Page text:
Christopher A. Wray, the F.B.I. director, warned U.S. senators on Tuesday that the violence between Israel and Hamas has raised the potential for an attack against Americans in the United States to “a whole other level.”
“We assess that the actions of Hamas and its allies will serve as an inspiration the likes of which we haven’t seen since ISIS launched its so-called caliphate several years ago,” Mr. Wray said.
Several foreign terrorist organizations have called for attacks against Americans since Oct. 7, when Hamas gunmen carried out a gruesome attack against Israel that killed 1,400 people, Mr. Wray said. Islamic State, also known as ISIS, called for attacks on Jewish communities in the United States and Europe; the Lebanese militant group, Hezbollah, threatened to attack American interests in the Middle East; and Al Qaeda also issued a specific call to attack the United States, Mr. Wray said.
The most immediate concern, Mr. Wray said, was that individuals or small groups in the United States are inspired by the Oct. 7 attacks “to carry out attacks against Americans going about their daily lives.”
“That includes not just homegrown violent extremists inspired by a foreign terrorist organization, but also domestic violent extremists targeting Jewish or Muslim communities,” he said.
Mr. Wray pointed to an arrest in Houston on Oct. 19 of a Palestinian asylum seeker who had been in the United States since June 2019 on a travel visa that expired a few months later. Mr. Wray said that the man, who prosecutors identified as Sohaib Abuayyash, 20, had been studying how to build bombs and posted details online about his support for killing Jewish people.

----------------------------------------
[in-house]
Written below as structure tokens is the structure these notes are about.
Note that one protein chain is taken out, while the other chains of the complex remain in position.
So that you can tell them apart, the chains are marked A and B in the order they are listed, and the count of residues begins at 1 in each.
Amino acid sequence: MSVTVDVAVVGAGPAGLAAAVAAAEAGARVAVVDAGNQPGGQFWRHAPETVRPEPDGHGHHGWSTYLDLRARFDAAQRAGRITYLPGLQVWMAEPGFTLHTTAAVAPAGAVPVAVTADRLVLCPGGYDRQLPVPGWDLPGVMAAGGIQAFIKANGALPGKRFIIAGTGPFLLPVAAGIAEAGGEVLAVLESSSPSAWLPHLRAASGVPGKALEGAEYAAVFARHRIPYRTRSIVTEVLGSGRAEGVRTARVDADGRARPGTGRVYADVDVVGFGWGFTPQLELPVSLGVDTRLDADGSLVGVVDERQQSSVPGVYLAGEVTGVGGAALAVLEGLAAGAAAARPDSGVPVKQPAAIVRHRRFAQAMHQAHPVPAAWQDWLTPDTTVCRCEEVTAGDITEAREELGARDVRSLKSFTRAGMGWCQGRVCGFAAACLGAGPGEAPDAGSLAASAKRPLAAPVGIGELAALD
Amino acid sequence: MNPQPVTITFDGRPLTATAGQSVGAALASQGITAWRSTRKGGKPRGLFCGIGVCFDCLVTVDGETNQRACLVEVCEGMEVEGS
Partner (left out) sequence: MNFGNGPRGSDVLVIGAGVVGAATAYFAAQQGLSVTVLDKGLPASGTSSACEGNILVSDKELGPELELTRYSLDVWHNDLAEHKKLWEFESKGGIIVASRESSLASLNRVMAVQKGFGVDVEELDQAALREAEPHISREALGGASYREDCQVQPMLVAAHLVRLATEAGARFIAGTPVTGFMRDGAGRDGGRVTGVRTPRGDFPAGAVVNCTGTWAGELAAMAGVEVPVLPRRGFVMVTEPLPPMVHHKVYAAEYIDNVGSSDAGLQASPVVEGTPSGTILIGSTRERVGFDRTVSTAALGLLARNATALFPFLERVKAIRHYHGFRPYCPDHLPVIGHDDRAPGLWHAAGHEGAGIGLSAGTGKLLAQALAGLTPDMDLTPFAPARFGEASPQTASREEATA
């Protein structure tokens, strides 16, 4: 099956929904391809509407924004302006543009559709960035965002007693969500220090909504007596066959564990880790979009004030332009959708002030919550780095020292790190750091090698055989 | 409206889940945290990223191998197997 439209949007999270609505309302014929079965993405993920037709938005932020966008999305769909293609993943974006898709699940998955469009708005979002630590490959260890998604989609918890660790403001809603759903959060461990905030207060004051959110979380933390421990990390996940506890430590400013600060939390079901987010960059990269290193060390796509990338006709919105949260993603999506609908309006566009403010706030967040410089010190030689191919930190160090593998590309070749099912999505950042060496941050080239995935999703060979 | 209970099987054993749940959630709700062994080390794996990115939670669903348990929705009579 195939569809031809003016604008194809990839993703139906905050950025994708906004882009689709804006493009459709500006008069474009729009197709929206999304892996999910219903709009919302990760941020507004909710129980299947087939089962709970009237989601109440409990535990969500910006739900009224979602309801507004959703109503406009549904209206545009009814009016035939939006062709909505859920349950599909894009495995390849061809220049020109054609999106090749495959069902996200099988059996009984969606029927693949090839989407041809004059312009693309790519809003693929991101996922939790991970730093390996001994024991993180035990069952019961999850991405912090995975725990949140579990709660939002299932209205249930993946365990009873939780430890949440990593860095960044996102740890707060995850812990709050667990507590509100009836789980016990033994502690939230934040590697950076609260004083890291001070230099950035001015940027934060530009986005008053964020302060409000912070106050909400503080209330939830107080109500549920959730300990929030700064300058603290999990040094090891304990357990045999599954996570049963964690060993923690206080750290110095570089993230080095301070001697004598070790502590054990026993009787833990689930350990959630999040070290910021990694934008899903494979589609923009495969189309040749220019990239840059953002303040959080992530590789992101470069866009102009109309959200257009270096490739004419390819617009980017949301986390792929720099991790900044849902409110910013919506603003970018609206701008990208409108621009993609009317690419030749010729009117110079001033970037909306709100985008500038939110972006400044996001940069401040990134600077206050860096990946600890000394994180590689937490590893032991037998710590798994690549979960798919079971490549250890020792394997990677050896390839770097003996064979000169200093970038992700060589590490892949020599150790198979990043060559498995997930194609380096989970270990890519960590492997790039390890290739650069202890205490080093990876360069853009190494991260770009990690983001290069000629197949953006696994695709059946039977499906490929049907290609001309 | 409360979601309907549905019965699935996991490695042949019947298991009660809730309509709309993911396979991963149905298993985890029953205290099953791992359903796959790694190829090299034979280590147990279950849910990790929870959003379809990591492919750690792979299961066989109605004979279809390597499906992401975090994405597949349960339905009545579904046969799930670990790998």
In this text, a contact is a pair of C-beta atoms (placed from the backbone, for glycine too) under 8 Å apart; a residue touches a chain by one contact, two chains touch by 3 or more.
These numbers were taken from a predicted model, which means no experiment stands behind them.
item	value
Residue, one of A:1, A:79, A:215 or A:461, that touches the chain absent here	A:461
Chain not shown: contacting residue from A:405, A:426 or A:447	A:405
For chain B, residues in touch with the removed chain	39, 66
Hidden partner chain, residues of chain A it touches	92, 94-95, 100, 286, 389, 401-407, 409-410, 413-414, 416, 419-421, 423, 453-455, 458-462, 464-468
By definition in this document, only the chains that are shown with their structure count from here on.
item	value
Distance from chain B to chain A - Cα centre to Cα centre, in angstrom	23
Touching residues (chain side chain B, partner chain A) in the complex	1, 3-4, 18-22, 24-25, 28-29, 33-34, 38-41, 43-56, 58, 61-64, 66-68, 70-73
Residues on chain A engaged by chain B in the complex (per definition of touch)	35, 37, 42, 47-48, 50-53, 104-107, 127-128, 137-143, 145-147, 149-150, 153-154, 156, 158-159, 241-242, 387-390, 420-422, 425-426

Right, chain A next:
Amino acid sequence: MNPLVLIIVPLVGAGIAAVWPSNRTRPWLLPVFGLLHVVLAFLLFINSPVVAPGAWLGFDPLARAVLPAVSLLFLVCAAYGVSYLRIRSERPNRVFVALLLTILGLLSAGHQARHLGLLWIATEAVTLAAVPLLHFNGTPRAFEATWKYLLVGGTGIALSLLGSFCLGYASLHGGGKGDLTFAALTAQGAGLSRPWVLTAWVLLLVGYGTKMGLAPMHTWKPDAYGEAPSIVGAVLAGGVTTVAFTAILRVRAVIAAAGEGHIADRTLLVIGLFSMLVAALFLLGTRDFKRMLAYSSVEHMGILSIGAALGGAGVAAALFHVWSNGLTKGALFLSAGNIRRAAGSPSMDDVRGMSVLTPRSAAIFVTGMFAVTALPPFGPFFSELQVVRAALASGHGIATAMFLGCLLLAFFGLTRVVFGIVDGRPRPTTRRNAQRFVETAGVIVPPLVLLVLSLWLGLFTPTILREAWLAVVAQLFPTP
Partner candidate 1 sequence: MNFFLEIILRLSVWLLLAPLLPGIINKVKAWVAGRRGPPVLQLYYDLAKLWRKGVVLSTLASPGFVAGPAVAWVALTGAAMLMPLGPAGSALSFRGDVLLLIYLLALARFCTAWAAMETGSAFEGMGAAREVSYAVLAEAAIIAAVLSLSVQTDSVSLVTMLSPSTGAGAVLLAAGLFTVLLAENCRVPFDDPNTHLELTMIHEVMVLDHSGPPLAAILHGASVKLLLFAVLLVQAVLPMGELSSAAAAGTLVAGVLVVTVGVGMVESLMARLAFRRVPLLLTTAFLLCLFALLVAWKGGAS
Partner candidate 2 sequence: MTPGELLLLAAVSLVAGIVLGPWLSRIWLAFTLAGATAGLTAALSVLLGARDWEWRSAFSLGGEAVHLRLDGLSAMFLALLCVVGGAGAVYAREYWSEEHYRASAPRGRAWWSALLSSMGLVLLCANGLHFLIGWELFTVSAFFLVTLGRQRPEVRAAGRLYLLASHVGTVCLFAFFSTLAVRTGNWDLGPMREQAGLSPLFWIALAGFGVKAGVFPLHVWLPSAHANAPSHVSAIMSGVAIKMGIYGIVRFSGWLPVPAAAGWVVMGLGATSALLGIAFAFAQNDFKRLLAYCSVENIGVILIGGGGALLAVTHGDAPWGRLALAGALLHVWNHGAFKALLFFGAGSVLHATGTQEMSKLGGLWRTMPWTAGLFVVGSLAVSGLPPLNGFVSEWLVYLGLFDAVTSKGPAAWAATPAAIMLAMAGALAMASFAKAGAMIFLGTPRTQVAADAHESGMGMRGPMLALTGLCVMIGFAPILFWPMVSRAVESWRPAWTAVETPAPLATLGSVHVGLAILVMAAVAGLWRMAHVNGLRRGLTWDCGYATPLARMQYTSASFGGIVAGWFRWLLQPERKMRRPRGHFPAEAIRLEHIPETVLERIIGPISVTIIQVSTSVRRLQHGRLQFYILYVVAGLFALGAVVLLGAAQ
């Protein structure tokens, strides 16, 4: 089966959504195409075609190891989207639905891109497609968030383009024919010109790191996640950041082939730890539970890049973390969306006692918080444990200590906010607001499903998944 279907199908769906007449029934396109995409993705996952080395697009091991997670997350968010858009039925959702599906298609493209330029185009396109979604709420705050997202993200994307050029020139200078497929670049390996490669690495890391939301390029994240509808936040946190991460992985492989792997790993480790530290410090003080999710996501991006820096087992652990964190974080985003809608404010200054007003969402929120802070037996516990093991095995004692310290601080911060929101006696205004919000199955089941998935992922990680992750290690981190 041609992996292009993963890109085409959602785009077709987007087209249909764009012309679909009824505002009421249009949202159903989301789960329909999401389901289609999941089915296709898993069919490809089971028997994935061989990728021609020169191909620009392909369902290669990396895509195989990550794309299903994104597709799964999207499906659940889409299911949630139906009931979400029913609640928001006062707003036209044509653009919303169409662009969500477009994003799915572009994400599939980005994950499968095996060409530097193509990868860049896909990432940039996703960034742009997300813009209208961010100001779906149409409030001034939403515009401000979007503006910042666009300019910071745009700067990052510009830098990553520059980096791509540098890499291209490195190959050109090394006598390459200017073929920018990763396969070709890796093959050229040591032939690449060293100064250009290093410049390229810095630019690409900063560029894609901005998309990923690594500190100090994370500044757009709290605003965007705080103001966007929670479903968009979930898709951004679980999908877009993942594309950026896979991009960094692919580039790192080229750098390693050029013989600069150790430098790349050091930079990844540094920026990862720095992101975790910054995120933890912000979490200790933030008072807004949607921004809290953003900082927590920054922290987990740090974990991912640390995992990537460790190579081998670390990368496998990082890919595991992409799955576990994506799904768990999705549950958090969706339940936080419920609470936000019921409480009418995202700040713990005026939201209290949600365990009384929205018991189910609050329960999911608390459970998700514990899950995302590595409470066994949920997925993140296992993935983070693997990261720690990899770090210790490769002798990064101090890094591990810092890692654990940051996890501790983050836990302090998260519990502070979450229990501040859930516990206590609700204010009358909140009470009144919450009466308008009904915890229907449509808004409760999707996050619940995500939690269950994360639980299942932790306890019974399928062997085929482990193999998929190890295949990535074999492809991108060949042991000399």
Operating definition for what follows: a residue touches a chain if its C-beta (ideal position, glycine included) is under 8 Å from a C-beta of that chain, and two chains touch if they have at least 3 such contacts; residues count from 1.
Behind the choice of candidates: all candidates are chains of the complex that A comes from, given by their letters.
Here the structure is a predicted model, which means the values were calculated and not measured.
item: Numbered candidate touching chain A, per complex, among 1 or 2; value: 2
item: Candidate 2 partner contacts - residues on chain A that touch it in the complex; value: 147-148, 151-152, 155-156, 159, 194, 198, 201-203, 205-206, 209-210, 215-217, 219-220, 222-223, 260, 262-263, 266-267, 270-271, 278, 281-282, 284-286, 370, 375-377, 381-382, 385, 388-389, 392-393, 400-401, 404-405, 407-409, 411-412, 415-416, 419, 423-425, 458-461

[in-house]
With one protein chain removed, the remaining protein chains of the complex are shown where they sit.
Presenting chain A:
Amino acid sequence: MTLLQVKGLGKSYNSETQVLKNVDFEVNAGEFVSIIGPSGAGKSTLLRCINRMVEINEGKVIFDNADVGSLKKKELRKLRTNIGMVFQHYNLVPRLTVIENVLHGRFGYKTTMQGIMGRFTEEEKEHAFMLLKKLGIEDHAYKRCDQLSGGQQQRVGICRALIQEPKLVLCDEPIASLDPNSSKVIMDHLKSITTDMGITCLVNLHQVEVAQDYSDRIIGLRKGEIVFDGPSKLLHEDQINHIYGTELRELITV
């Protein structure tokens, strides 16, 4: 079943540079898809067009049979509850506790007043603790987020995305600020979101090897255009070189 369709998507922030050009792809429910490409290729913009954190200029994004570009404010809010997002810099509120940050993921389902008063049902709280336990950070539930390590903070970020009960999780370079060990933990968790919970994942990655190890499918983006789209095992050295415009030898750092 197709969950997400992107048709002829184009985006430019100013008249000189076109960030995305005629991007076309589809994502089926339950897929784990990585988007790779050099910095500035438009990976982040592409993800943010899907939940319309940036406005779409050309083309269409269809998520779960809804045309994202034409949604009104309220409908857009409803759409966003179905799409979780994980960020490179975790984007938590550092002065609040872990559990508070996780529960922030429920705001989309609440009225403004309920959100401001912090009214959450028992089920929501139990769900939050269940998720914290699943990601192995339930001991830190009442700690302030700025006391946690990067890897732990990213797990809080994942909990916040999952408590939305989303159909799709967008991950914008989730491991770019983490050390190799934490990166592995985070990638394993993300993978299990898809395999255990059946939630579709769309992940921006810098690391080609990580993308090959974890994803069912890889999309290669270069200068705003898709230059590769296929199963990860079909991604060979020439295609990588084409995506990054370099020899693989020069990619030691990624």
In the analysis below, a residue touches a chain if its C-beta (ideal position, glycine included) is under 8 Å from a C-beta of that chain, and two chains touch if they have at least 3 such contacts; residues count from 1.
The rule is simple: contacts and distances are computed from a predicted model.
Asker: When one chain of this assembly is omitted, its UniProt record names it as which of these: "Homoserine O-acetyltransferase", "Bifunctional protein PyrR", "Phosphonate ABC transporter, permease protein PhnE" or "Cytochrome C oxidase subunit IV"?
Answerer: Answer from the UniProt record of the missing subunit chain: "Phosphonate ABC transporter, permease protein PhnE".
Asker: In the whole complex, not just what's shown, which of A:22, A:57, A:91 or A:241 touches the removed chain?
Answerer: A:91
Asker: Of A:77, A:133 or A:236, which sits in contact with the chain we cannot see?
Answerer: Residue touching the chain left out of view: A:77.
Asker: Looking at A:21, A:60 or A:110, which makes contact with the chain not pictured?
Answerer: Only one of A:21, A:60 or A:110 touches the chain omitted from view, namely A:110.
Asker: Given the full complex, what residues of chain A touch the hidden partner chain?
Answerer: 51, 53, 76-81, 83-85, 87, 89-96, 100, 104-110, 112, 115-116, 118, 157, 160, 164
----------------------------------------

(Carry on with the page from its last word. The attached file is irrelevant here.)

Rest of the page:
Prosecutors said he was illegally in possession of a firearm and had been in contact with “others who share a radical mindset, has been conducting physical training and has trained with weapons to possibly commit an attack,” according to the criminal complaint, which was mostly redacted.
Mr. Wray’s testimony came as threats to Jewish, Muslim and Arab communities in the United States have been on the rise since the war began on Oct. 7.
Between Oct. 7 and Oct. 23, there were 312 antisemitic acts in the United States, according to the Anti-Defamation League. Those include a report on Oct. 15 at Grand Central Terminal in New York when someone punched a Jewish woman in the face because she was Jewish.
Over the same time period, the Council on American Islamic Relations, a civil rights organization, said it received more than 700 complaints, including reported bias incidents, since Oct. 7.
Glenn Thrush contributed reporting.